To the extent that citations 1) through 5) address these problems, they contain the following proposals for solving it.
According to citation 2), the entire unit consisting of the light source, mirror, lenses and beam splitter is moved in the scanning direction for depth scanning. Therefore, the depth of focus moves in the same direction as the LCDS measurement depth. However, only a very low scan rate is possible, because a large and heavy unit must be moved as a whole.
Citation 4) also describes a device in which depth scanning is accomplished by moving a unit comprising the light source, the beam splitter and the detector. In this case, a compact design, low weight and thus a higher scan rate are achieved by miniaturization of the interferometer unit using an optical chip plus additional special measures. To solve the refractive index problems this citation proposes focus correcting means, which can be positioned between the interferometer unit and the measurement object. This makes it possible to achieve a very good correspondence between the depth of focus and the LCDS measurement depth, but it would be desirable to reduce the design complexity and size associated of the device.
In the device described in citation 3), the depth of focus and the LCDS measurement depth are adjusted by means of an additional reflector which is arranged in the measurement arm and simultaneously has focusing properties. This requires an additional beam splitting by means of a second beam splitter arranged in the measurement arm. The measurement light beam passes the beam splitter four times. This complex design results in a large structural volume, and furthermore the measurement light is greatly attenuated by the multiple beam splitting and thus the signal-to-noise ratio is reduced.
Citation 5) describes an OCT device in which focusing is said to be achieved by electronic means only. In principle, however, electronic focusing is inferior to optical focusing. This is true in particular in the case of optical measurement arrangements having a large numerical aperture. A large numerical aperture is, however, necessary with OCT devices for reasons of signal intensity and image definition. In addition, electronic focusing is applicable only to secondary light reflected out of the sample, not to primary light directed into the sample.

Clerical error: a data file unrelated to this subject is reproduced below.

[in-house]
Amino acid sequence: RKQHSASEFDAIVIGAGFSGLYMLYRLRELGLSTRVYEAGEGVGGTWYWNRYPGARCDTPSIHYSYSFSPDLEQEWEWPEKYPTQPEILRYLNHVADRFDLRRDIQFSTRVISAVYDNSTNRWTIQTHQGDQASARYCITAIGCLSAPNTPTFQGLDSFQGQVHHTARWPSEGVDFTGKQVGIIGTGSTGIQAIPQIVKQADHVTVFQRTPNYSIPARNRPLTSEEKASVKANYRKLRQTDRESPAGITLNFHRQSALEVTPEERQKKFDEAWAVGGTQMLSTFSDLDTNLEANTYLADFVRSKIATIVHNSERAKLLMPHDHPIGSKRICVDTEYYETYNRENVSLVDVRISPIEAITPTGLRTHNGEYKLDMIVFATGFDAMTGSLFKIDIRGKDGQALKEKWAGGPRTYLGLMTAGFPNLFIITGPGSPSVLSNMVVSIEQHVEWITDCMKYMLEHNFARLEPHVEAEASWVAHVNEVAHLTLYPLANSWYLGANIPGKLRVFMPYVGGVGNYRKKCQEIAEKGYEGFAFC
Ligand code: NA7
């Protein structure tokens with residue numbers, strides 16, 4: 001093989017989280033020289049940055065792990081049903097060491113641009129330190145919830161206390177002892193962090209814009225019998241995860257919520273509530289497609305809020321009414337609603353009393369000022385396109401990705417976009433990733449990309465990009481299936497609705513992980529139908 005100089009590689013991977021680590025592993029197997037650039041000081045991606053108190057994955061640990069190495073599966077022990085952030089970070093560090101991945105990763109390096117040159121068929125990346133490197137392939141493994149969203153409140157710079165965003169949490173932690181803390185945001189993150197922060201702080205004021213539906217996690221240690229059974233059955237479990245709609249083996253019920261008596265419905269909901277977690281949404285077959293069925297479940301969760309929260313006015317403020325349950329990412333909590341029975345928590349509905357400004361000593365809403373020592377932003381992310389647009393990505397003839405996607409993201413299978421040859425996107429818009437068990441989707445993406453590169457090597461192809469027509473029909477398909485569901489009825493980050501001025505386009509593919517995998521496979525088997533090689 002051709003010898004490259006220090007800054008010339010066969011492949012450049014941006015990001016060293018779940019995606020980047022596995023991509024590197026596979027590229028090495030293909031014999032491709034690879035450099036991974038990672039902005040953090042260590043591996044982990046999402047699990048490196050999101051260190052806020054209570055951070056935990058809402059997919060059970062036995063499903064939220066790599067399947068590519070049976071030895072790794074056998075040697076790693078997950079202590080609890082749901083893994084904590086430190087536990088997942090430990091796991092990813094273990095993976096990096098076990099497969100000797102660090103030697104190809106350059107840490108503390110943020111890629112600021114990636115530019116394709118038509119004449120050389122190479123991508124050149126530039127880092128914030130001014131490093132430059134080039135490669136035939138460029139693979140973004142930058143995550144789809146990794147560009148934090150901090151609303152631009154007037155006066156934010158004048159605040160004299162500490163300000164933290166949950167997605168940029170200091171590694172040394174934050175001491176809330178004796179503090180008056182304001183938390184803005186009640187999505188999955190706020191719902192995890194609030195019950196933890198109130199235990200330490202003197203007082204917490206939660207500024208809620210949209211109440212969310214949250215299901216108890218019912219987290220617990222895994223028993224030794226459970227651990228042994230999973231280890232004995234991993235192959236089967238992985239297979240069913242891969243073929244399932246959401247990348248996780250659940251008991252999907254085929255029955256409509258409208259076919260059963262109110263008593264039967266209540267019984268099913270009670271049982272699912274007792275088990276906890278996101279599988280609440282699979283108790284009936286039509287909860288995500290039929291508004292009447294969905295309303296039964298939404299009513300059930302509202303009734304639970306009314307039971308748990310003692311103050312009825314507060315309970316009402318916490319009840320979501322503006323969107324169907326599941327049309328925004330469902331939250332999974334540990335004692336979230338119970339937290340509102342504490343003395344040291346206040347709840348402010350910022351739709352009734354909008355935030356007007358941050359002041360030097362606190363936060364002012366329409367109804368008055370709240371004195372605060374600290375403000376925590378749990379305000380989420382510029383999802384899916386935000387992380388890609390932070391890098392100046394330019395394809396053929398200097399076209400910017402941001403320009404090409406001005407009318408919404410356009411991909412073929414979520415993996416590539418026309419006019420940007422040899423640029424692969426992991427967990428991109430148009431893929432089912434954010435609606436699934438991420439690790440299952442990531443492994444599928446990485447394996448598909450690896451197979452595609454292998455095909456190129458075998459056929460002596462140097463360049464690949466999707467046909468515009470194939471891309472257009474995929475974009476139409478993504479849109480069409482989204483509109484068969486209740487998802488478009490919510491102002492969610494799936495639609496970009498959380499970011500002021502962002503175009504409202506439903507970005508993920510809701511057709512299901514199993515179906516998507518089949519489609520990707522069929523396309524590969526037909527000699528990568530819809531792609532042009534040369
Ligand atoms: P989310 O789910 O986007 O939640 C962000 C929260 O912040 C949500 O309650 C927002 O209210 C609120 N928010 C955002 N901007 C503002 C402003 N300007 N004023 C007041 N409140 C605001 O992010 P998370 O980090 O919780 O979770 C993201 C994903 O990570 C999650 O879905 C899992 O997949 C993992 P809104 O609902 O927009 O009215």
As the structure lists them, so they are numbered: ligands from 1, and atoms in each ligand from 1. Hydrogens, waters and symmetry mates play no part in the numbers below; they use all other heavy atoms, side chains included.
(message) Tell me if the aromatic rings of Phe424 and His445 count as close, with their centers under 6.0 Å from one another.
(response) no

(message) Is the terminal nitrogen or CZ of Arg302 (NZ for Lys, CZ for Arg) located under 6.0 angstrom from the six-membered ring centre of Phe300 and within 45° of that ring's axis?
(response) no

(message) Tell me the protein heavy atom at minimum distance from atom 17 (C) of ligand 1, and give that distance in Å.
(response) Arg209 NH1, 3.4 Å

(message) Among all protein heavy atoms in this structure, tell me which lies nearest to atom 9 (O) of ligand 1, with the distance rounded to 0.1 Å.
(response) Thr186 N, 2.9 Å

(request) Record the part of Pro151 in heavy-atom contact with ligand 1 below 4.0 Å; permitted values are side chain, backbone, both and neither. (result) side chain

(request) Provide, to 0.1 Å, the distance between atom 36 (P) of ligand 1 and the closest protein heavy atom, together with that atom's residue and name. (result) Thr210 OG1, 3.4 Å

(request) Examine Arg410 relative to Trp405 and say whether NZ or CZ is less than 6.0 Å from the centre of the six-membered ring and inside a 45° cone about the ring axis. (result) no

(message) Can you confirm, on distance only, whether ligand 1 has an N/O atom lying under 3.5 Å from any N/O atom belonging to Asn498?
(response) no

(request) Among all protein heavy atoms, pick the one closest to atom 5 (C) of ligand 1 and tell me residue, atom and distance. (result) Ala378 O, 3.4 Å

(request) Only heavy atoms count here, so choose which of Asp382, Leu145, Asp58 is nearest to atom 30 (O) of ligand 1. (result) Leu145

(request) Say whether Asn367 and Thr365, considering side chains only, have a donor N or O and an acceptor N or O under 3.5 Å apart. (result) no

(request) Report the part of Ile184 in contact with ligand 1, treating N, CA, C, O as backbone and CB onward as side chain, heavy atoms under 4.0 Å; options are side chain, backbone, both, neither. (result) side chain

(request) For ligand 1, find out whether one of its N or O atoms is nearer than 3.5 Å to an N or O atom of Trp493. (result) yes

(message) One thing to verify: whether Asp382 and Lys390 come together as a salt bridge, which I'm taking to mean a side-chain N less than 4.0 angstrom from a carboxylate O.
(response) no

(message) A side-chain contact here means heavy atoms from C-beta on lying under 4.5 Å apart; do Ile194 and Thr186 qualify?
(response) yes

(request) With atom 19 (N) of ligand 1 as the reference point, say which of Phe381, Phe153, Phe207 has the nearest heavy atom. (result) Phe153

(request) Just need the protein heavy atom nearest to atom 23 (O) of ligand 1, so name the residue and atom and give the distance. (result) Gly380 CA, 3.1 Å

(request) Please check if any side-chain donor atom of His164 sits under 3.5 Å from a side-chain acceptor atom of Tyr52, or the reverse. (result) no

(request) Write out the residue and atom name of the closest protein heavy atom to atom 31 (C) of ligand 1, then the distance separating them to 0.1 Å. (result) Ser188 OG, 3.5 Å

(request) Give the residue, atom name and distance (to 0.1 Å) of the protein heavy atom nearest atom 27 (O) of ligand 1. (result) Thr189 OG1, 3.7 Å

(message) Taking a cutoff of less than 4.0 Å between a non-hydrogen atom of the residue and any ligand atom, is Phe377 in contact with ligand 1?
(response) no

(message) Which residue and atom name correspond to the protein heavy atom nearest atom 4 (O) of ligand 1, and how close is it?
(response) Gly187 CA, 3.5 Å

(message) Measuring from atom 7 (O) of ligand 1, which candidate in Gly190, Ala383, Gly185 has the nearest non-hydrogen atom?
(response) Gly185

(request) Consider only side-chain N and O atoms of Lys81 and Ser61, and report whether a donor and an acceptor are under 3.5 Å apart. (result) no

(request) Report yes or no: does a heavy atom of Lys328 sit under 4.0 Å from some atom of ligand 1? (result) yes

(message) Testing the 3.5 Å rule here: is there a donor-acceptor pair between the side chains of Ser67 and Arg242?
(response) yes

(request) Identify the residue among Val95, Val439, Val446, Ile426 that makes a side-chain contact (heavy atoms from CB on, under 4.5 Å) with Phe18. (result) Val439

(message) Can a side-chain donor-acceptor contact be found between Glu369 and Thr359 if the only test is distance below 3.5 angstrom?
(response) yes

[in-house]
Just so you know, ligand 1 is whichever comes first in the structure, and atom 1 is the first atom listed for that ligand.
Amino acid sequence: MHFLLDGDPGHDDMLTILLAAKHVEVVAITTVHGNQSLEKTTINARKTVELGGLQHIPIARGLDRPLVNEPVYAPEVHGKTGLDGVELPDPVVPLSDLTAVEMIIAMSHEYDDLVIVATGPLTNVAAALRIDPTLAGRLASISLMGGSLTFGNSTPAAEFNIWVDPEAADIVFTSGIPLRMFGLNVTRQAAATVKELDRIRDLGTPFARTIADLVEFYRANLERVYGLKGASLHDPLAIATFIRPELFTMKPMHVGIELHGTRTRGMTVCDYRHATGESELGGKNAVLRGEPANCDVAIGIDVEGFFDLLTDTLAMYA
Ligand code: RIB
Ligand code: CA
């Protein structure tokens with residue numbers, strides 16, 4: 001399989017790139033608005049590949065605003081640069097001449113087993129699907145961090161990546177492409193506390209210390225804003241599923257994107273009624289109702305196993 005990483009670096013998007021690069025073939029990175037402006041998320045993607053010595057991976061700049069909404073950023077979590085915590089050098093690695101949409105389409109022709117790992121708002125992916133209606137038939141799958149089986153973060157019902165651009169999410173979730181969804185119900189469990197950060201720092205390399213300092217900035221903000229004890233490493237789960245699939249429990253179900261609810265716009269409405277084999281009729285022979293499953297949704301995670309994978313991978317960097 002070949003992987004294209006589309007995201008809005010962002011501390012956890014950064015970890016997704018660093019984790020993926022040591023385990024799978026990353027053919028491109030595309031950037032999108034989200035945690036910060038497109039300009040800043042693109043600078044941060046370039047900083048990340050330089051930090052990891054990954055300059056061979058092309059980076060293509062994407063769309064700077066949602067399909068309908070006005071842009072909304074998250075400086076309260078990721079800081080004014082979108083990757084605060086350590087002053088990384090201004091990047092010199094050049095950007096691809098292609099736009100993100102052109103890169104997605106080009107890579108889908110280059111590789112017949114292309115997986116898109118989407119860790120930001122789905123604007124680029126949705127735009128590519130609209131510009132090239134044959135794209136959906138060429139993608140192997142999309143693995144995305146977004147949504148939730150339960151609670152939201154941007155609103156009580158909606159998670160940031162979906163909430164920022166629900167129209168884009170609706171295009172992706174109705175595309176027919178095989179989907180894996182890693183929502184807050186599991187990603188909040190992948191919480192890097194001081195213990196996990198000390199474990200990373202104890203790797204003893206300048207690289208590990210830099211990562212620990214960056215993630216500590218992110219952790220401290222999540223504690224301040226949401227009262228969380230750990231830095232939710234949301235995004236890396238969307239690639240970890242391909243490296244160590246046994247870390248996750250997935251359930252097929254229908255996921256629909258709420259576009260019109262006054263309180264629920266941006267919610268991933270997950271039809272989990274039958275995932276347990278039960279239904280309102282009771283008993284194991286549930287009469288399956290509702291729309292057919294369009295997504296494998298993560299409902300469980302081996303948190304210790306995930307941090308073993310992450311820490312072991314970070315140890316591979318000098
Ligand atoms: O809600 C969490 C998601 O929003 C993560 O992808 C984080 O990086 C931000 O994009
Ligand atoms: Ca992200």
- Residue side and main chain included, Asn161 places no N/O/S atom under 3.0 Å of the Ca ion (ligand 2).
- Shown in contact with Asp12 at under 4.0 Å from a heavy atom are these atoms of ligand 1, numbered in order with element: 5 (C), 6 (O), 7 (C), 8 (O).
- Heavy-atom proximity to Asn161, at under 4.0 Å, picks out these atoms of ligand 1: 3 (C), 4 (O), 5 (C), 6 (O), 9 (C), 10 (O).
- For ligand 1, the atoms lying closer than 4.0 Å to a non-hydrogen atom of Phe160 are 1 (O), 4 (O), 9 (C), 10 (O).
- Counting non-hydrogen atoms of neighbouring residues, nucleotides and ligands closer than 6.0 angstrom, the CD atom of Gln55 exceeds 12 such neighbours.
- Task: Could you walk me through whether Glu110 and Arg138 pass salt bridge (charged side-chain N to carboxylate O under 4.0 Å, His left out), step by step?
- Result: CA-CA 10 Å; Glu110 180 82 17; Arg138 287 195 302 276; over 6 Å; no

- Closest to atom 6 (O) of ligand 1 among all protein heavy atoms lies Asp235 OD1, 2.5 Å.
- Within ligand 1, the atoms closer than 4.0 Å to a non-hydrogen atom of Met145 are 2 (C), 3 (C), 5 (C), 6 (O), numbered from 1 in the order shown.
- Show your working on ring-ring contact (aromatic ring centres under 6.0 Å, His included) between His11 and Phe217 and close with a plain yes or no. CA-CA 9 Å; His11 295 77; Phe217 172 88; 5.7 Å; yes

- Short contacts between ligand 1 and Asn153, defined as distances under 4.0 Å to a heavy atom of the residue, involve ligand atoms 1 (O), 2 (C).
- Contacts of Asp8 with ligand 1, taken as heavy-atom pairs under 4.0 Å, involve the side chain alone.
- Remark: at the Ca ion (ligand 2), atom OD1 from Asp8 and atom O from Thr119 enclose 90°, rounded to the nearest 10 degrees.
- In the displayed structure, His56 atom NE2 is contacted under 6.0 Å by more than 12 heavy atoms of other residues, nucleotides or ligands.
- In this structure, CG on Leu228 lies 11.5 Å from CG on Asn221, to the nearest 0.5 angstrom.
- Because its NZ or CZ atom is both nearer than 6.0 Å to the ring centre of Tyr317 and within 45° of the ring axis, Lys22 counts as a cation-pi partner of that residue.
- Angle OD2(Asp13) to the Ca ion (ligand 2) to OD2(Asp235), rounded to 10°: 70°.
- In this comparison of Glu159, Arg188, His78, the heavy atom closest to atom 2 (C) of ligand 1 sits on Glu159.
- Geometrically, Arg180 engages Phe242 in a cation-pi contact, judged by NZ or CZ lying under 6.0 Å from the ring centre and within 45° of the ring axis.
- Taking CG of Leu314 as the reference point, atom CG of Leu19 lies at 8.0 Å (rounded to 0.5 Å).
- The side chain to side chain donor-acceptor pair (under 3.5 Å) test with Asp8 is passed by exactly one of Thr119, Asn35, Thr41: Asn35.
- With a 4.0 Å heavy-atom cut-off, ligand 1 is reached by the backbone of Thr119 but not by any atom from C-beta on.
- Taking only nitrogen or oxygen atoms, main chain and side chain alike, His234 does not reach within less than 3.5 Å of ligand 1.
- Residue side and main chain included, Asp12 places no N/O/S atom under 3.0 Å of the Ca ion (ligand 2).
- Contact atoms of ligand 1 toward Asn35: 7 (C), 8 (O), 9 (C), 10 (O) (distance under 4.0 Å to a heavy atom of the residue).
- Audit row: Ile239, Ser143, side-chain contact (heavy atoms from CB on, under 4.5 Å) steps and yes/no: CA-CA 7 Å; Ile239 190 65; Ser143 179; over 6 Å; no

On this basis, the present invention addresses the problem of making available a low-coherence interferometric device for depth scanning which permits a synchronous adjustment of the LCDS measurement depth and the depth of focus in a simple design with the fewest possible moving parts and compact dimensions.
This problem is solved by a low-coherence interferometric device having the general features explained above, where the interferometer is a free-space in-line interferometer having a beam splitter plate running transverse to the scanning direction, wherein the light transmitter, the detector and the reference mirror are arranged on the side of the beam splitter plate facing away from the measurement aperture, the light source arm and the reference arm are located at least in their sections adjacent to the beam splitter at the same angle to the surface of the beam splitter facing them, a movable scanning lens is located between the beam splitter plate and the measurement aperture, and the scanning lens and the beam splitter plate are movable in the same direction as and in synchronization with the depth scanning.
The following advantages are, inter alia, achieved by the invention:
An example of a known free-space in-line interferometer is described in citation 2). Another embodiment is disclosed in
However, this prior art publication does not contain any reference to the fact that the problem of focus correction in LCDS devices can be solved in an extraordinarily advantageous manner by means of this design principle in combination with the additional features of the invention.